Hi and welcome to the reading world!
Today, I’m excited to be sharing a review of a book I recently read as part of my TBR for Women in Translation Month! August is Women in Translation Month and there are plenty of exciting readathons and opportunities to explore more reads written by women and translated!
Today’s review is on Terminal Boredom by Izumi Suzuki and translated by Polly Barton, Sam Bett, David Boyd, Daniel Joseph, Aiko Masubuchi, and Helen O’Horan.
This is a short story collection by an author who is very well known in Japan. Each of her short stories in this collection was translated by a different translator, which I also think is a really unique and interesting way to bring this collection into translation.
Terminal Boredom’s stories have sci-fi elements to them in different and unique ways and utilize these elements and character dynamics to explore themes of humanity, aging, life, and identity. Although the collection was only recently made available in English, her stories were originally published in Japanese several decades ago. It’s really amazing to see that Suzuki’s sci fi elements still feel modern and futuristic after so much time- many of these stories remind me of when my friends would describe the concept of Black Mirror.
As with any short story collection for me, there are stories I really liked and some that didn’t work as well for me. My favorite stories of Terminal Boredom were Night Picnic and That Old Seaside Club and while I didn’t entirely dislike any of the others, I wouldn’t say they were particular favorites either.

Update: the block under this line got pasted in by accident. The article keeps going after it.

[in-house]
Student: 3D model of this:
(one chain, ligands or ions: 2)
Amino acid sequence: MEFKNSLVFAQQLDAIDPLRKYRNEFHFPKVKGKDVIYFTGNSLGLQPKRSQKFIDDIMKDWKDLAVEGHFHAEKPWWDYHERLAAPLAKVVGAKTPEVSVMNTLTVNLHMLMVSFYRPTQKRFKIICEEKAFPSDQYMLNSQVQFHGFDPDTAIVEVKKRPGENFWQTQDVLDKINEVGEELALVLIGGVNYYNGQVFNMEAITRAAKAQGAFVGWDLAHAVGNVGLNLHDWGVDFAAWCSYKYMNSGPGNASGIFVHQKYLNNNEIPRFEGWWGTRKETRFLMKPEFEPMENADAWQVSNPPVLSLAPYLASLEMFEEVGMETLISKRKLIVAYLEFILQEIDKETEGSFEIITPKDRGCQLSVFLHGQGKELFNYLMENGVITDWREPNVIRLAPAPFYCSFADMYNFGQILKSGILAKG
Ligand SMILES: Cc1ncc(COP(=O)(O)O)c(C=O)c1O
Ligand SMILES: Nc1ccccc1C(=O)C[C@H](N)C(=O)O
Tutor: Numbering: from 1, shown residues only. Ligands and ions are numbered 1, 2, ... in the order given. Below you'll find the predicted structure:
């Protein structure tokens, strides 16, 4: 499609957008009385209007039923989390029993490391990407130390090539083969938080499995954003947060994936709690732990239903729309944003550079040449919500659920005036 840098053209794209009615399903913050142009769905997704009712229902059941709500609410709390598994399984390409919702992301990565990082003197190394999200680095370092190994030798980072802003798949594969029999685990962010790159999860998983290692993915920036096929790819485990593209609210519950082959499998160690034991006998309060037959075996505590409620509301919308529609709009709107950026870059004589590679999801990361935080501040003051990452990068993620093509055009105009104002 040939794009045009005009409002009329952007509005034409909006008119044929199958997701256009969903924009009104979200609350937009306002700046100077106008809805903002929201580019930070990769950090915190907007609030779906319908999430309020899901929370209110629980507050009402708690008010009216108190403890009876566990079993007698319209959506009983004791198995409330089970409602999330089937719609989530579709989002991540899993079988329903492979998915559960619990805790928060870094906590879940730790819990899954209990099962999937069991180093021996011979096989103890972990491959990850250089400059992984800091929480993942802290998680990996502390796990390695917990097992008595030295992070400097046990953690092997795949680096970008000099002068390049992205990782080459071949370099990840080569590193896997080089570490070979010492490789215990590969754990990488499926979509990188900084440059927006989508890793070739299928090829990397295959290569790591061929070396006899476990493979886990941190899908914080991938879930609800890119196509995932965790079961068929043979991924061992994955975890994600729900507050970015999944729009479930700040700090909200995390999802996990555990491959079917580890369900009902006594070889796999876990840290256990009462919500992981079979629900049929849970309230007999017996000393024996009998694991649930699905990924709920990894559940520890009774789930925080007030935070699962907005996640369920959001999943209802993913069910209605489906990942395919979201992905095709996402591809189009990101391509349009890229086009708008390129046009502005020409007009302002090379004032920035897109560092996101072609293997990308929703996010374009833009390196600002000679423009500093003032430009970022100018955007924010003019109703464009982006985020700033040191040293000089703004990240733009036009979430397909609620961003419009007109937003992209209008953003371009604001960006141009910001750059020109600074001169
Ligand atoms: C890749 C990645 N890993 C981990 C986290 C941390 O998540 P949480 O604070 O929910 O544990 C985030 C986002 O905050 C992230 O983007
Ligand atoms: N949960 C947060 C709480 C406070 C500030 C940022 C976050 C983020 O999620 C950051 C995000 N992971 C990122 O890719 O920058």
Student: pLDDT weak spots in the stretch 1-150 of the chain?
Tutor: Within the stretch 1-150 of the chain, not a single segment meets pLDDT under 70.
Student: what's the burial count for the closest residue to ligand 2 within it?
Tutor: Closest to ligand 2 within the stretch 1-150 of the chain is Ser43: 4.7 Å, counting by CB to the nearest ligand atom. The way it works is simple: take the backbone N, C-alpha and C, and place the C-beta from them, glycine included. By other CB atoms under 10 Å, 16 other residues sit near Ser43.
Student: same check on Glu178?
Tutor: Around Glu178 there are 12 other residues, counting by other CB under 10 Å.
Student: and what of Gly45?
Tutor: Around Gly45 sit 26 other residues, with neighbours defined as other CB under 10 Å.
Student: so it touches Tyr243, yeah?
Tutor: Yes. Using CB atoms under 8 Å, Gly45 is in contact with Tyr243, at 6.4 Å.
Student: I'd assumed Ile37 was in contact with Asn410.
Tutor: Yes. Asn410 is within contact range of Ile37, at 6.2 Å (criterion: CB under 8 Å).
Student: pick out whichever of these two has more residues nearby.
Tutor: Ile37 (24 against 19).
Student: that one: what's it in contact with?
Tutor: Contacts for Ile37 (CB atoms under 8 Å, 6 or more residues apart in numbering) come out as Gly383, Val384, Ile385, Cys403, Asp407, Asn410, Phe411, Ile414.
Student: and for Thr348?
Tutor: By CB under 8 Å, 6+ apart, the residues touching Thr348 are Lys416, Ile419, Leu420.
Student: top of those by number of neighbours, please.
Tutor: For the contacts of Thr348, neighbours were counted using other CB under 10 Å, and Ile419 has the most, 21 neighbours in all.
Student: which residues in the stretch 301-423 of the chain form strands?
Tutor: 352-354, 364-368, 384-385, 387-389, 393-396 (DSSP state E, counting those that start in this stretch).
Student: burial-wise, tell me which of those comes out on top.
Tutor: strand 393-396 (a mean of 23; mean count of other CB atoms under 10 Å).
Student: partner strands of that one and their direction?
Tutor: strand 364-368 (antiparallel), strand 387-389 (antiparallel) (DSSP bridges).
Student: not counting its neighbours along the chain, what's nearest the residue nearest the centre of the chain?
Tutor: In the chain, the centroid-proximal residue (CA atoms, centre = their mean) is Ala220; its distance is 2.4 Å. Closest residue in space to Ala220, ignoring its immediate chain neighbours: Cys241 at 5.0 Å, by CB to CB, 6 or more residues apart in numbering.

Overall, I think this is a unique sci fi short story collection that makes a lot of observations about human interactions and identities through new settings or technological innovations. Despite her stories originally being published in Japan in the 1970s and 1980s, the sci fi elements still feel futuristic and are oftentimes still seen in modern speculative fiction. While none of the stories were new all time favorites of mine, I did really enjoy the exploration of themes done through a sci fi medium and I would definitely pick up another work by this author!
I hope this month continues to be a celebration of women writing across the world and translators helping to connect readers to stories from languages and places we may not have otherwise, and I’m excited to continue to read more translated fiction by women authors in the months to come too!
What women in translation reads have you picked up this month? Thank you for stopping by!
One thought on “Review: Terminal Boredom”